Governmental Responsibility

Poverty, domestic violence and unemployment are drivers of migration, said Bijaya Rai Shrestha, Founding Chairperson, AMKAS Nepal. Government has the responsibility in minimising the adverse drivers of migration. She gave the example of migration ban on women imposed by the Government of Nepal, such as age ban, total ban all of which restricts movement of women. Such restriction only further aggravates the problems as women are not able to go through legal channel, and the possibility of them being trafficked is most likely to be increased. In this scenario the onus is on the government to address the concerns regarding migration of women.

Similarly, Prof Walden Bello argued we need “structural reformation in sending countries and major political reform in receiving countries.” The role of active labour market policies, stable income in deterring migration incentives was discussed by David Khoudour, who is a Human Mobility Advisor, UNDP Crisis Bureau, New York. He pointed that social protection plays a crucial role. “The more we invest in social protection the less people tend to migrate.”

Shameem Ahmed, Secretary General, Bangladesh Association of International Recruiting Agencies (BAIRA), shared overpopulation, non-availability of jobs as factors which lead people to move for financial benefits. He discussed how the expenditure of migration often becomes a burden on the employee. Shameem Ahmed urged that the government create database system for aspirant migrant to register so that expenditures such as employment fees go through the bank and ease difficulties.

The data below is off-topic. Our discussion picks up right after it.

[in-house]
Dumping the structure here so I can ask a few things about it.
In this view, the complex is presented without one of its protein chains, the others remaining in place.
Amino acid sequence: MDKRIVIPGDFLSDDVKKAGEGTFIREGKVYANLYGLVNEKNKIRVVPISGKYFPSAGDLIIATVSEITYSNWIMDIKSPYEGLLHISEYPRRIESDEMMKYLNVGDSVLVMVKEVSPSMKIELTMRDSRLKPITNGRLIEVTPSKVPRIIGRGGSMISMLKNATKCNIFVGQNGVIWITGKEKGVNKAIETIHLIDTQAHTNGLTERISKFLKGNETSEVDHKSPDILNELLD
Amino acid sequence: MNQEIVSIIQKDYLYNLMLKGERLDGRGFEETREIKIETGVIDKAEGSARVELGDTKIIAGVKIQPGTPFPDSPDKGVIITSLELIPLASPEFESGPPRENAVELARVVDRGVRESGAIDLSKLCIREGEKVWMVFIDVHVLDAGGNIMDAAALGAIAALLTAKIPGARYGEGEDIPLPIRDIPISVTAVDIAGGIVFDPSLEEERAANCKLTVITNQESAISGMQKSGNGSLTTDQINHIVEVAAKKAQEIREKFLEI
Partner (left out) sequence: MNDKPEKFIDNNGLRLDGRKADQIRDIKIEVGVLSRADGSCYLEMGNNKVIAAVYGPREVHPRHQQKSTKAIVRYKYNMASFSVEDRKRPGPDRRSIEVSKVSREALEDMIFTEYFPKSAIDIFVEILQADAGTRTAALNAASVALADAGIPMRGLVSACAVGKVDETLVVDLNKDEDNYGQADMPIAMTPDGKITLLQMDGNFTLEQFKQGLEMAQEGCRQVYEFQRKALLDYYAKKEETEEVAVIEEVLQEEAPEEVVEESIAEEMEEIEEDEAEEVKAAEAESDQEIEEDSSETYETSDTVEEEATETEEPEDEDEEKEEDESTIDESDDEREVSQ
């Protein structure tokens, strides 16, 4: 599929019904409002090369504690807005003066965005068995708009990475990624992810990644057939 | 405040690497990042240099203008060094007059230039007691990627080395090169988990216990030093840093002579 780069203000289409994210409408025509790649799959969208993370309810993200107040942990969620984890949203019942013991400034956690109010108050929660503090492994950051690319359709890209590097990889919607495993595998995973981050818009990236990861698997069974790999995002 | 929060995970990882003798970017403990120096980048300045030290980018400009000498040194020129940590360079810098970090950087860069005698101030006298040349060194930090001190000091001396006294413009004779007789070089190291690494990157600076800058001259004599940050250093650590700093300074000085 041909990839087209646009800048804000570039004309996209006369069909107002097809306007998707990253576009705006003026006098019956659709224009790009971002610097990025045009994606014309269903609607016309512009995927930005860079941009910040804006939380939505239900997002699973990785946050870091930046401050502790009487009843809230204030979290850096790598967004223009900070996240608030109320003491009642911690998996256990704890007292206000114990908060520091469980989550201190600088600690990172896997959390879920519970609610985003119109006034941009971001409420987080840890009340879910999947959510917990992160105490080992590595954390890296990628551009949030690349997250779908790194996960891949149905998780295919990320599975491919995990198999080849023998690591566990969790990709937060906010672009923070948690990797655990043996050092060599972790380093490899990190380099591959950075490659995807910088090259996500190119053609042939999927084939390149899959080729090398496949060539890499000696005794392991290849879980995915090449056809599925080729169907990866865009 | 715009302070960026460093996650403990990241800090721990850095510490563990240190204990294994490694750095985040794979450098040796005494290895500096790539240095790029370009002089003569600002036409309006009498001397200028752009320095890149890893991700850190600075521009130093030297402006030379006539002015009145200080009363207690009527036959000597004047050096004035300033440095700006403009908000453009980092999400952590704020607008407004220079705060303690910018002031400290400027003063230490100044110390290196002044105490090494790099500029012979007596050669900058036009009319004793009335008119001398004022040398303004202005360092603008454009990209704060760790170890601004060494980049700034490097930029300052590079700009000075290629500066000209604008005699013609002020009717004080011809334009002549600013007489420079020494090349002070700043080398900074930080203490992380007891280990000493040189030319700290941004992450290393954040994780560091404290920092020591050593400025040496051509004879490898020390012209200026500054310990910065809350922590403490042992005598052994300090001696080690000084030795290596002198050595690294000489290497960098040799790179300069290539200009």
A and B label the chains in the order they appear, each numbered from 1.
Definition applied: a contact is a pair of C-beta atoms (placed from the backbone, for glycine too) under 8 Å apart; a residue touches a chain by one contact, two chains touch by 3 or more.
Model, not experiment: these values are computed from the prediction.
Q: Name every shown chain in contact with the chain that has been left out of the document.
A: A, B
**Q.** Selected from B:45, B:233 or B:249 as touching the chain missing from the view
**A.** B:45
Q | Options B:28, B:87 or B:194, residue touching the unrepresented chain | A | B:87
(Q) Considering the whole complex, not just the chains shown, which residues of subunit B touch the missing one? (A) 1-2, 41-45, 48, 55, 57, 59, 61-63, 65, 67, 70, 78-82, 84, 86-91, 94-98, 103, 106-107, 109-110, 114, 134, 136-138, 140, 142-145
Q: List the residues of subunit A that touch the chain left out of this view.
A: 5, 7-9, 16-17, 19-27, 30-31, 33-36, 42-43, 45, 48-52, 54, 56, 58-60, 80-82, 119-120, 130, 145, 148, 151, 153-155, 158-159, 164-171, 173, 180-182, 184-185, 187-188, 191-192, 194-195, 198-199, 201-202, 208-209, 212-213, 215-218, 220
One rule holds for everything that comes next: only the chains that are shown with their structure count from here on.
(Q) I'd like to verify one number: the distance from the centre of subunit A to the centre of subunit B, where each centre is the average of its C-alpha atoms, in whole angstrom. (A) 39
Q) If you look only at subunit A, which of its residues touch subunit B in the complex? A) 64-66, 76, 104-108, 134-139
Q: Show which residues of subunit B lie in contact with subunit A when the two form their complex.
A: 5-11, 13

This webinar also addressed important issues of climate change and gender. Kayly Ober, Senior Advocate and Programme Manager, Refugees International, discussed how climate change as an important driver of migration. David Khoudour pointed to the need of disaggregating the drivers of migration by sex. Several studies have shown that women in developing countries migrate for additional reasons than men. Discriminatory social norms have a strong impact on women’s decision to migrate. He suggested that one way to make women migrate by choice and not by force is precisely to reduce inequality and to have social norms and institutions which are less discriminatory.

The webinar raised important questions of deconstructing ‘choice’ in migration. Prof Bello argued that choice is conditioned by one’s context.


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If one’s context is tremendous poverty then it is understandable why people migrate. Shabari Nair, Labour Migration Specialist for South Asia, ILO Decent Work Technical Support Team, New Delhi, shared that when we talk about choice, we need to see aspiration as an important driver of migration. Prof Binod Khadria urged the need to address counterintuitive. This panel discussion brought to fore the essential factors in minimising adverse drivers of migration ranging from structural drivers, micro factors to engaging with the very notion of migration by choice.

The webinar was the second in a series on 23 webinars focusing on the objectives of Global Compact for Safe, Orderly and Regular Migration (GCM), which was adopted in 2018 in Marrakesh, Morocco. Roula Hamati, Coordinator of Cross-Regional Centre for Refugees and Migrants, moderated the session posing questions on migration out of necessity as against migration by choice.